There isn't much Carolina Panthers' fans can agree on when it comes to the NFL draft, but I think everyone would be of the consensus that the 2010 class was an unmitigated disaster. Greg Hardy and Brandon LaFell ease the pain, but there's little coincident that they were the easiest players to plug in to any offense or defense. With no guarantees about Ron Rivera's future, this isn't the year to gamble on developmental prospects, or players with very specific uses.
Dave Gettleman has been extremely complimentary of Rivera publicly. He's talked about how tough the team was down the stretch, the improvements they made from the early season, and how the coaching staff contended with injuries. Despite this praise, it's impossible to imagine Gettleman will retain Carolina's head coach if the team puts forth a third-straight losing season, and with a bevy of connections around the league it wont be hard to find 'his guy'.
Drafting for a possible scenario is a poor strategy. Teams need to look to win now, but only Dave Gettleman knows how much rope Ron Rivera has. If it's so little that a losing streak early could prompt a mid-season firing, then the sensible path to the draft will be to take players who can thrive in any system, work for any coach, and require little tutelage or guidance at the next level. Not every coaching staff is successful at nurturing talent, just as not every head coach is good at managing decisions in game.
Marty Hurney stared down the barrel of this question in 2010, and ultimately made the wrong decision. In this draft 'sticking to his board' meant ignoring his lame duck head coach, and selecting multiple players who could have NFL success, but only in very specific circumstances.
Firmly entrenched in the minority, I still believe Jimmy Clausen can become an effective NFL game manager. In a league where Brady Quinn and Matt Leinart have gotten multiple chances, and David Carr remains a backup -- it's hard to believe Clausen couldn't find a home somewhere. That being said, drafting a QB without a great arm, who needed to learn pocket awareness was a recipe for disaster when paired with a head coach on a one-year loan.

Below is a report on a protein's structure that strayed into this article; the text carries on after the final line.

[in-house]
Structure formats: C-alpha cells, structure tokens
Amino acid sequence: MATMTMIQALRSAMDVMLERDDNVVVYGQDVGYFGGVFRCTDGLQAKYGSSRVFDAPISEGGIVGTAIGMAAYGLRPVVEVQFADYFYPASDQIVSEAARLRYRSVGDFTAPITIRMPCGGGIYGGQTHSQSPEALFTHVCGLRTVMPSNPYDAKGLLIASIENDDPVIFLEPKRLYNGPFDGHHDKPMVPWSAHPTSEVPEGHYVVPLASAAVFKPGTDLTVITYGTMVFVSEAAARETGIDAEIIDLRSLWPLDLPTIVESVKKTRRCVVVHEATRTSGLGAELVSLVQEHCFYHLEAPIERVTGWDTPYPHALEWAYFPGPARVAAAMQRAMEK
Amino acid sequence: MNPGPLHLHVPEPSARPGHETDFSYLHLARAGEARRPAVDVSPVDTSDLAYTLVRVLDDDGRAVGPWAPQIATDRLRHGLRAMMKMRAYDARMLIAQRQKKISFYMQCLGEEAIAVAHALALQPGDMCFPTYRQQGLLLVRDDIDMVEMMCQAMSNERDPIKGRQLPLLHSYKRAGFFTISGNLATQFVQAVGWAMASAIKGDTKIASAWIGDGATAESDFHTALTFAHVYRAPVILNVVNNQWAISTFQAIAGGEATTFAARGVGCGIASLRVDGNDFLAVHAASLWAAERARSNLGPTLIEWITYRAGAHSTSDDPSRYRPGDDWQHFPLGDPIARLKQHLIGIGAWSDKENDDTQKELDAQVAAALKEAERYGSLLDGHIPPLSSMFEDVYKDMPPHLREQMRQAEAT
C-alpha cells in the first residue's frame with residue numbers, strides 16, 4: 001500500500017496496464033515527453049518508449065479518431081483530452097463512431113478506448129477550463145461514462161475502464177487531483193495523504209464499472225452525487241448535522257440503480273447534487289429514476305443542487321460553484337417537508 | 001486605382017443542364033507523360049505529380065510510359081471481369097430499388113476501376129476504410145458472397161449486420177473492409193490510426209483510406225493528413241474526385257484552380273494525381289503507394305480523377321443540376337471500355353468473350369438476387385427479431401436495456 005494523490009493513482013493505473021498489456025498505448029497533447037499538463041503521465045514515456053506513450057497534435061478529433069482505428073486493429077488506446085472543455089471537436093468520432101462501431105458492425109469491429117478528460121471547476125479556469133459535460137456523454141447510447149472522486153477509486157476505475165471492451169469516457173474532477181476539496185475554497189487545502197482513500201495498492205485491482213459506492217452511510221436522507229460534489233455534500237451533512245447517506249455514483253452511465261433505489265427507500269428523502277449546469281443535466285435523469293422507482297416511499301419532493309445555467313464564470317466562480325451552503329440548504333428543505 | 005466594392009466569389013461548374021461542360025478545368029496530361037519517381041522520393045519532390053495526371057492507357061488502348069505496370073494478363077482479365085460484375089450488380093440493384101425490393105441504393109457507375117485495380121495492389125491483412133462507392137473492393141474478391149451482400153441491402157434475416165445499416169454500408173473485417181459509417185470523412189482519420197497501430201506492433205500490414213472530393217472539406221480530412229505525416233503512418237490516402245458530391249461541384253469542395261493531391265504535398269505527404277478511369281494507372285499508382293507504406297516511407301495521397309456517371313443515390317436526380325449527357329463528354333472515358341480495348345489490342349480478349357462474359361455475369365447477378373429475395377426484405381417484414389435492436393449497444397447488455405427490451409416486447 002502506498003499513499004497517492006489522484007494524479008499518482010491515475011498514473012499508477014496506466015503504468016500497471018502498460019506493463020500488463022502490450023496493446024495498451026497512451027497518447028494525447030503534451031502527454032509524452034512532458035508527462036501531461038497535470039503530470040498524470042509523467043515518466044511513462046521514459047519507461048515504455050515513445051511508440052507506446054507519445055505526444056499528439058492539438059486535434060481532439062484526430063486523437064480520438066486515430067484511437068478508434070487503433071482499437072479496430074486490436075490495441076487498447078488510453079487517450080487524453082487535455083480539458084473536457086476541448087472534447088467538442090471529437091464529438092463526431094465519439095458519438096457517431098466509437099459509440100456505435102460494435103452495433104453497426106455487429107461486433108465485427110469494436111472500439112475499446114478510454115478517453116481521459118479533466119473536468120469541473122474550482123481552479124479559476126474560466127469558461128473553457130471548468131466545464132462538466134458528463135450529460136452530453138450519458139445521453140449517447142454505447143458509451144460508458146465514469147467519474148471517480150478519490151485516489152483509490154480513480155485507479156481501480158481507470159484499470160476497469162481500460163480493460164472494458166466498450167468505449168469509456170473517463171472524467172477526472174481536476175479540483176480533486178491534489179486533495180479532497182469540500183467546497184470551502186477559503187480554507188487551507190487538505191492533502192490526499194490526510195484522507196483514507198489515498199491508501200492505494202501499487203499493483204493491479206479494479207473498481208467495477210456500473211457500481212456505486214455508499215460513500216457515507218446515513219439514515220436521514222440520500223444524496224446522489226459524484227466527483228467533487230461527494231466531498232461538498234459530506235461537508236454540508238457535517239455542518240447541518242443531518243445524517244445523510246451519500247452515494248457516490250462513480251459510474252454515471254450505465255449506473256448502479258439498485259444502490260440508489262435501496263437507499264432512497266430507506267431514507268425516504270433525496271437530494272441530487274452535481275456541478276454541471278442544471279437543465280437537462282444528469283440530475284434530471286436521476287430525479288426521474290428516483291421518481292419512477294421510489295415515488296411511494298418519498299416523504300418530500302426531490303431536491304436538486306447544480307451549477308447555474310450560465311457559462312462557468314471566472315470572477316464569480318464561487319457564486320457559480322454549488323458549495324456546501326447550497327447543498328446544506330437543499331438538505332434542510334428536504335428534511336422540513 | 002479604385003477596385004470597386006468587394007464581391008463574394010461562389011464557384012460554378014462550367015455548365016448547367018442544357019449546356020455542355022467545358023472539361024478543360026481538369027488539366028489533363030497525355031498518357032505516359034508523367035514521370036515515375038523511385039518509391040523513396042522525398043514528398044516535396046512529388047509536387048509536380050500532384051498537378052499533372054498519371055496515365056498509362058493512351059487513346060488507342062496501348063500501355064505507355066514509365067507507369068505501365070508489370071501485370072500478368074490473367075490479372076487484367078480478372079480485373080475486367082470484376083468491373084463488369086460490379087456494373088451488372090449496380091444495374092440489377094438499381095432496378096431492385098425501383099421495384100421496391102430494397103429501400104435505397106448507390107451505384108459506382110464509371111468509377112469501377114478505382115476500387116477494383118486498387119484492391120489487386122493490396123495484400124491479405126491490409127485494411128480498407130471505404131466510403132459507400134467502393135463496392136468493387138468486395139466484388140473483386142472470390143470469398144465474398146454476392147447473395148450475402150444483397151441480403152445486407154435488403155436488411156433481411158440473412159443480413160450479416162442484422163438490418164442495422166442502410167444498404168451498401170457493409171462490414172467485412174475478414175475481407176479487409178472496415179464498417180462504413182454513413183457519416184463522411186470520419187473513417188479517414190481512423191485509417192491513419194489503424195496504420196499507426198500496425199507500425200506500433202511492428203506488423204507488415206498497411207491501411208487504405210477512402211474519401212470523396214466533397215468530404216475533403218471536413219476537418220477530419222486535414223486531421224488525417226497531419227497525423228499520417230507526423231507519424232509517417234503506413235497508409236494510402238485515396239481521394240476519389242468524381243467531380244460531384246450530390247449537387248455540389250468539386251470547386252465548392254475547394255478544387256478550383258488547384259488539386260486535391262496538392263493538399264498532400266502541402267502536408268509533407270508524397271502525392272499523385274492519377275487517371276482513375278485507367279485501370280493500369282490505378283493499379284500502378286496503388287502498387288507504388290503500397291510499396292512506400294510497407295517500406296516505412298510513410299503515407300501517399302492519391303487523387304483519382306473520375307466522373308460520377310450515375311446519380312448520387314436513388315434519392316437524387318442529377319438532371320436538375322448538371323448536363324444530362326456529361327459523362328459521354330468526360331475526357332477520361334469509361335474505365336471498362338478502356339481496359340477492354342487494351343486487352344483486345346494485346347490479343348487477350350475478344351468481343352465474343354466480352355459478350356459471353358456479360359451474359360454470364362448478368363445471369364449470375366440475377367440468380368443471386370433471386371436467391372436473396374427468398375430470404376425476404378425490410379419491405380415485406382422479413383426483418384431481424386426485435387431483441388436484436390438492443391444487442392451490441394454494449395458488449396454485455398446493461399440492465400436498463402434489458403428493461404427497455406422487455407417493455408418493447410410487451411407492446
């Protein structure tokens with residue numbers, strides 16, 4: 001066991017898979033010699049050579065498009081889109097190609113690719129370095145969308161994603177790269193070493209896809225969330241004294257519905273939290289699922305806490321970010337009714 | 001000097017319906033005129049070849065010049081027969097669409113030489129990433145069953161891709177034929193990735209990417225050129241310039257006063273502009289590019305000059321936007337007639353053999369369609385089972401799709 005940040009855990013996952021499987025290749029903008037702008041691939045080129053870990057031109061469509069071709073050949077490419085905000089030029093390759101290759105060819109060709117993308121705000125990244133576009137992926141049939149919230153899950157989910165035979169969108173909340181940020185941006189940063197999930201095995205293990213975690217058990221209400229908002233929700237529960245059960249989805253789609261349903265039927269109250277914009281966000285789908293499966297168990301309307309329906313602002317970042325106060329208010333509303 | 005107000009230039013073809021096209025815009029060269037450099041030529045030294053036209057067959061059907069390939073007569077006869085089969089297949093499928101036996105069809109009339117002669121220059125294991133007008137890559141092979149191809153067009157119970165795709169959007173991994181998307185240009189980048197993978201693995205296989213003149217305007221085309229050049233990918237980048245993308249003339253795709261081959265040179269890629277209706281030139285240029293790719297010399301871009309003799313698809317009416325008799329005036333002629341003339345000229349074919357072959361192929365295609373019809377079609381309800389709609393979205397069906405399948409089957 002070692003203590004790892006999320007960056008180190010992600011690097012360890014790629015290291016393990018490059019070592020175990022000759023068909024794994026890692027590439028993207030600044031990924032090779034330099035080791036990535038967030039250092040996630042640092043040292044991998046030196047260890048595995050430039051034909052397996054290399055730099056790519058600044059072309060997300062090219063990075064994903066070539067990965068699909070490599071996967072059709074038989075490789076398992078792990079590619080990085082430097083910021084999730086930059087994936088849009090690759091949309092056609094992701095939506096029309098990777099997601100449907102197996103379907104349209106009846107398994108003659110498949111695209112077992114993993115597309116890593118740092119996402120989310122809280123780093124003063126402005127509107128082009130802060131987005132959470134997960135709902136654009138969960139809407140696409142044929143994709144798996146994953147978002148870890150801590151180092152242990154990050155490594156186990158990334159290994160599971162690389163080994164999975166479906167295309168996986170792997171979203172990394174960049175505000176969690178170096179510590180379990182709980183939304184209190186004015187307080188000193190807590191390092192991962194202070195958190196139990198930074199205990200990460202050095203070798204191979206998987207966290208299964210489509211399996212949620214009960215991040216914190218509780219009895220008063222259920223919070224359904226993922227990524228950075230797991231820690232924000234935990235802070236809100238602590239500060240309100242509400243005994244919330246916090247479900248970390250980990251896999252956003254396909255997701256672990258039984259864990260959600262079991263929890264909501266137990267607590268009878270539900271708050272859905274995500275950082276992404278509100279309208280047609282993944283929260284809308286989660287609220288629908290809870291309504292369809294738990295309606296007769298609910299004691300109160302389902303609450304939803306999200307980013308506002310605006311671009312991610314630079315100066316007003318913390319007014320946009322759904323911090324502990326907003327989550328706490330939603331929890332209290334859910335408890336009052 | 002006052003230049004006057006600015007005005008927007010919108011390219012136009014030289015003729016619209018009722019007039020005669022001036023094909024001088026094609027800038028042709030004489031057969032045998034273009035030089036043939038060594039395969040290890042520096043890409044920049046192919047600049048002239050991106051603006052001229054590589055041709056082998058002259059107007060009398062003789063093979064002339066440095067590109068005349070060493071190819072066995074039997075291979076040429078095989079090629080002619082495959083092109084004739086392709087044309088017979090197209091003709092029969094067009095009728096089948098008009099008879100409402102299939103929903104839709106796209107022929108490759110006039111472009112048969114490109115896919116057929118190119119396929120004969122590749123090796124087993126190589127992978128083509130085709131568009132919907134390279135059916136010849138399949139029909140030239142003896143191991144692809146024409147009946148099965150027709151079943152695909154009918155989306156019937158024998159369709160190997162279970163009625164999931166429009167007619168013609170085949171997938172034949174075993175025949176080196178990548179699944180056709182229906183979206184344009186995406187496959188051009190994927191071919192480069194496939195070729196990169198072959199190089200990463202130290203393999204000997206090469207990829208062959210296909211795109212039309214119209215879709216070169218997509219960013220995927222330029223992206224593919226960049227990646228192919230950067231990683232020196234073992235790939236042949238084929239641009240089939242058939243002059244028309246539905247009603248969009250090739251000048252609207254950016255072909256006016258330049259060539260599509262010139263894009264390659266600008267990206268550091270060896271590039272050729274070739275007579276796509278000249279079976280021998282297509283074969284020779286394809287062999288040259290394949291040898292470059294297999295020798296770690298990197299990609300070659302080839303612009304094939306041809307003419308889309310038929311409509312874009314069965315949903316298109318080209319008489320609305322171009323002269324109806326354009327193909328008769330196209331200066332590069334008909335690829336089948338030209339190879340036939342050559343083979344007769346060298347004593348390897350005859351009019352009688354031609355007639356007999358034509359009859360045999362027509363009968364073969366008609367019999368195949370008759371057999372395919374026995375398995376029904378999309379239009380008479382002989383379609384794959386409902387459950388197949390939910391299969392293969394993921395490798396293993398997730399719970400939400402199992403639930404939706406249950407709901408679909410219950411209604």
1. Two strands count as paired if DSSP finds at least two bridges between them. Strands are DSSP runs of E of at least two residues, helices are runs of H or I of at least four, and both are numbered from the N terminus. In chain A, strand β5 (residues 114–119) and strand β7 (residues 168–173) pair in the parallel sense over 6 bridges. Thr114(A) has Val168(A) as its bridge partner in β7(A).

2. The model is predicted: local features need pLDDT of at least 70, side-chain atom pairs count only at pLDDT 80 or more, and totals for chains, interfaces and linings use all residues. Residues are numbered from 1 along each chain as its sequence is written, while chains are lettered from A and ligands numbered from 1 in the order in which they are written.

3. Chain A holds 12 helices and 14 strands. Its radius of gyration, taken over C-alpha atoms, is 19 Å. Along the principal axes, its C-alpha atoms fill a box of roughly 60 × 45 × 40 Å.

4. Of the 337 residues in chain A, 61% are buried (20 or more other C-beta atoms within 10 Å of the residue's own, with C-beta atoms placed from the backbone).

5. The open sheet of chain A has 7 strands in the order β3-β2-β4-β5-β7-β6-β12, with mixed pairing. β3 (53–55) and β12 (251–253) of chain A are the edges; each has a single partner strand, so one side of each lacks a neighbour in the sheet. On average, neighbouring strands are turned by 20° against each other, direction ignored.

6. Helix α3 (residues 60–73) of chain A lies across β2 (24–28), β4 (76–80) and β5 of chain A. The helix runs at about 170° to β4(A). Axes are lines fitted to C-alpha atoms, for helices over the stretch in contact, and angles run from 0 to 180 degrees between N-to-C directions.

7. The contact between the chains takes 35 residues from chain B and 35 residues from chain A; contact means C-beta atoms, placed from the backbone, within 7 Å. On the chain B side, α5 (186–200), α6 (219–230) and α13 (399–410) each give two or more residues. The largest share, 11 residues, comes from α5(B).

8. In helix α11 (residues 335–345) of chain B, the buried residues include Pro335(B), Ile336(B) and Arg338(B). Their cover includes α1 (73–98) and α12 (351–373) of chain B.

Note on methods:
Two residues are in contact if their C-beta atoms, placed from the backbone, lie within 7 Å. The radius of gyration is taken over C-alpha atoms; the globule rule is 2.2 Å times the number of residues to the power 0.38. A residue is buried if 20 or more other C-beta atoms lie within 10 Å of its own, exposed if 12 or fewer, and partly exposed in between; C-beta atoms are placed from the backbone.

Since it's become clear that Armanti Edwards isn't part of the long-term plans at WR, he was stuck in a bad situation too. As constructed, the Panthers have become size-driven under Rivera, and it appears to continue with Gettleman. They want big, physical players -- Edwards is neither, and needed to learn the position (almost) from scratch. There hasn't been the time, or resources to develop him with bigger fish to fry in the organization.
Eric Norwood was impossible to plug in anything but a 3-4 defense, David Gettis needed to learn route running, and God only knows what the plan was with Tony Pike. The island of misfit quarterbacks in 2010 ultimately bore Cam Newton arriving in Carolina, but they still wasted two draft picks.
Fast-forward to 2013 and now the Panthers have a similar decision. Should they adhere strictly to the board, even if it means taking players who may not jive with a new head coach, or continue to draft for Rivera's team -- hoping everything gets put together?
To this end there are a few players on offense and defense who could fit any coach's system, and other who are very specific. Guys like DeAndre Hopkins can play in anything, but Tavon Austin will require a very specialized offense to support him, while Justin Hunter needs a coaching staff willing to put the time in to develop him. On the other wise of the ball, the top cornerbacks only need NFL instruction, but it will take someone with an eye for defensive creativity to use someone like Tyrann Mathieu or Jarvis Jones.
It's shortsighted to think if the draft plays out being safe and flexible that it's a sign Ron Rivera is on his last chance, but it could behoove the team to ignore specificity in favor of guys who can plug into the team right now, or who can translate to any scheme -- no matter who the coach is in 2014.